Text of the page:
Sir David Attenborough has praised the efforts of young people who have 'woken up' the world to the threat of climate change.
The broadcaster and naturalist has been speaking to the BBC ahead of a new documentary film called A Life On Our Planet looking back on the now 94-year-old's career exploring the world.
"And there I was, actually being asked to explore these places and record the wonders of the natural world for people back home.
"To begin with it was quite easy. People had never seen pangolins before on television, they had never seen sloths before, they had never seen the centre of New Guinea before.
"It was the best time of my life."
Reflecting on his work, he said he has warned about damage to the environment for a long time and "yet suddenly, in the last five years maybe, it's as though people have woken up, it's young people… and not before time," he said.
Sir David says he realised the damage that was being done to the Earth in the 1960s while swimming in Australia.
"I swam in a coral reef in Australia and saw a damaged reef, It was a terrible sight… like a cemetery," he said.
Despite the problems the planet faces because of climate change, he believes we cannot give up trying to improve things.
"I don't despair because what will you go and do? Just go and hide in the corner? Crying in the corner and forgetting it all and giving up?
"If there's only a fragment of hope we have a responsibility to do something about it."
Sir David became the fastest person to have one million followers on Instagram recently after he joined the platform to reach out to younger people, many of whom support his message of protecting the natural world.
"That's the great hope," he says, "it's their world and it's their tomorrow. I won't be there, they will be.
"Of course it's very important that young people should be concerned about this and they are in increasing numbers.
"I feel privileged that they should listen to what an old bloke like me is talking about."
Last year thousands of school children all over the world and led by Greta Thunberg took part in school strikes in protest against climate change.
However, the school strikes were not the only demonstrations.
Extinction Rebellion demonstrated against a lack of action by global leaders in response to climate change and caused 'major disruption'.
In April 2019 several protestors blocked roads in London while others glued themselves to the roof of a train.
"You have to be careful that you don't break the law - We have to treat the people we share our community with, with respect," says Sir David.
"Disturbing their lives, to such an extent that innocent people can't get about their own business, is a serious thing to do and could disenchant an awful lot of people."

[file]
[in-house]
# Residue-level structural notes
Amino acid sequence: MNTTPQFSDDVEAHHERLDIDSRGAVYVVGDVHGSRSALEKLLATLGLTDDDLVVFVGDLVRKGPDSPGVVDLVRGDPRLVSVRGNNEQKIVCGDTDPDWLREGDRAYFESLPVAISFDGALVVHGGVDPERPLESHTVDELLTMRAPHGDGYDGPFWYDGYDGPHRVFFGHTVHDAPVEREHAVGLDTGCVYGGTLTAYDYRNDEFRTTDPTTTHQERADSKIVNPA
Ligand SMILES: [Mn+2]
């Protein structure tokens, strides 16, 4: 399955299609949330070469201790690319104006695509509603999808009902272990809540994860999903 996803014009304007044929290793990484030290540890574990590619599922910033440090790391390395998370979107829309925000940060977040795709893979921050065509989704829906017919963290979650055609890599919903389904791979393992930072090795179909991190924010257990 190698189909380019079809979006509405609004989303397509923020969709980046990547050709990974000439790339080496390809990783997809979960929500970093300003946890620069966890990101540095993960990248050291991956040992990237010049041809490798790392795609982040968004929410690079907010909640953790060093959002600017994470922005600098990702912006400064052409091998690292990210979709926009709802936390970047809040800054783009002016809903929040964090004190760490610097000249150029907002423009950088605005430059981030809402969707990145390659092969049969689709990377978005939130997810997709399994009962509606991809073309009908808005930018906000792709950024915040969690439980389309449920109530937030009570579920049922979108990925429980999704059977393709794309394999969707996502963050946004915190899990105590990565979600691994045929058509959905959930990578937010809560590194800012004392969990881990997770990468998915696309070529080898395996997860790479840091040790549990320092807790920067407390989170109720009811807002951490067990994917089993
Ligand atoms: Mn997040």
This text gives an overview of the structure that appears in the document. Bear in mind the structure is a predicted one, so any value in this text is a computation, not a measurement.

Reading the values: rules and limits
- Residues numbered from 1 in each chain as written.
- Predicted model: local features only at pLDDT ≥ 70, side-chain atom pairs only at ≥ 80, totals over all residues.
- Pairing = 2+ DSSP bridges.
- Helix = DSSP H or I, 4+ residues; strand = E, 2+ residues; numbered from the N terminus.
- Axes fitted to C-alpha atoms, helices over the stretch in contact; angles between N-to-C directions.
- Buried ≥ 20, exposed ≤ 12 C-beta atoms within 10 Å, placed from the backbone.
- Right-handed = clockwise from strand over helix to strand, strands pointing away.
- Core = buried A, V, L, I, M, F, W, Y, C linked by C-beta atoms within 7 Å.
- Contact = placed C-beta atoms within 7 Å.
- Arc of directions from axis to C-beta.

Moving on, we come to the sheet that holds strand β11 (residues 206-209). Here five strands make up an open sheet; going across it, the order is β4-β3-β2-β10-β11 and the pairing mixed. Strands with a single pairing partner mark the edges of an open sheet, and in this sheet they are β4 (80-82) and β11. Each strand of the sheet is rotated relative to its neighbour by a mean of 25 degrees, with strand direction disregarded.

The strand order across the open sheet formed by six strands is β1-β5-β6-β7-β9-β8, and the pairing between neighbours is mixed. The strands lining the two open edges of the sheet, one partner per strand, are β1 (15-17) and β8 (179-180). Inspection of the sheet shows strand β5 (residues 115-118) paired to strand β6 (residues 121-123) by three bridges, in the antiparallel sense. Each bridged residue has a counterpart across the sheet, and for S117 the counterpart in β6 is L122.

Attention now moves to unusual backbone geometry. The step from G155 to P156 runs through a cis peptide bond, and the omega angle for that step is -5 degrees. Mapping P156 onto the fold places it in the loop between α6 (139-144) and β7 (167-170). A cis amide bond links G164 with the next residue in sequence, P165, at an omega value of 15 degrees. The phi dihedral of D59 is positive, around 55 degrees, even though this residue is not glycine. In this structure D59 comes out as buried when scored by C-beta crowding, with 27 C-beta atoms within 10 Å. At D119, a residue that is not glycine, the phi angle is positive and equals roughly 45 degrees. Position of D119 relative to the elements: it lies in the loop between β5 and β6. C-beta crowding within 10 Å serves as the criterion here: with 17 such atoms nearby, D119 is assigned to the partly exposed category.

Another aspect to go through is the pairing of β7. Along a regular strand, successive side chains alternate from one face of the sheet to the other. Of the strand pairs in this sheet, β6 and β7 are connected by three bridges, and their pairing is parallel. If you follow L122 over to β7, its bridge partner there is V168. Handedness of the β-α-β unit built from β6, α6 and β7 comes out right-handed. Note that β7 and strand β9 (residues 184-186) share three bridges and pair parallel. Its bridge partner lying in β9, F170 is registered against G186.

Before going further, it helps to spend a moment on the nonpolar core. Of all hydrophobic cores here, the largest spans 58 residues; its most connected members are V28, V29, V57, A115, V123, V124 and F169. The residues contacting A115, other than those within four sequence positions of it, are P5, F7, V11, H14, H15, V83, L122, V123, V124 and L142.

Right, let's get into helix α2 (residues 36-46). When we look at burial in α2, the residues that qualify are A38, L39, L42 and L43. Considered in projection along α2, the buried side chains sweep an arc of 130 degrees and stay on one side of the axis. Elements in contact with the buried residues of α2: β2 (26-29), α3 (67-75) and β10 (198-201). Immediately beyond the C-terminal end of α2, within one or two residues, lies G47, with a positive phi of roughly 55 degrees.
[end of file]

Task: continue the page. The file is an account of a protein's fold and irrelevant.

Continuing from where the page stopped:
He added: "Of course I agree with their message, it's a question of what is sensible in persuading other people to join you?"
Despite questioning some methods, Sir David says it is right to challenge those in power who are taking a relaxed approach to climate change.
"We can't take that as an excuse for doing nothing.
"China is taking very big steps. It's a huge country with an immense population and they're starting doing things about sorting out their climate and their weather, which has caused them such problems.
"The present administration in America, is, from a conservationist point-of-view, disastrous but… that's who's been elected and we have to go through it."
Every breath of air we take, every mouthful of food we eat, comes from the natural world ultimately, and if we damage it we damage ourselves.
Asked what changes people can make in their own lives, Sir David said:
"Don't waste, don't waste anything, don't waste electricity, don't waste food, don't waste power. Just treat the natural world as though it's precious, which it is, and don't squander those bits of it that we have control of.
"Since I made the very fist television programme, there are three times as many people on the planet as there was then and we have overrun it and now we're realising what appalling damage that we've done.
"Every breath of air we take, every mouthful of food we eat, comes from the natural world ultimately, and if we damage it we damage ourselves."
David Attenborough: A Life on Our Planet is showing in cinemas for one day only on 28th September before going on Netflix on on 4th October.
It looks back at how different the natural world is now compared to when Attenborough's early programmes were filmed.
Sir David says: "Wherever I went, there was wilderness. Sparkling coastal seas, vast forests, immense grasslands. You could fly for hours over the untouched wilderness.
Now he says more effort needs to be put into re-wilding the whole planet - to allow nature and animals the chance to strengthen - and for humans to support that process,
"It's straightforward. The only way out is to rewild the world... t's simpler than you might think...A century from now, our planet can be a wild place again."
"It's not really about saving the planet. It's about saving ourselves," he added.
The film is being released at the same time as Sir David's book, 'A Life On Our Planet: My Witness Statement And Vision For The Future', which will be published in the autumn.
He has said that the book records "some of the dreadful damage mankind has already wrought upon the natural world and the real and imminent danger that things could get much, much worse if we do not act now".
"But it is also a hopeful book - it offers a different future."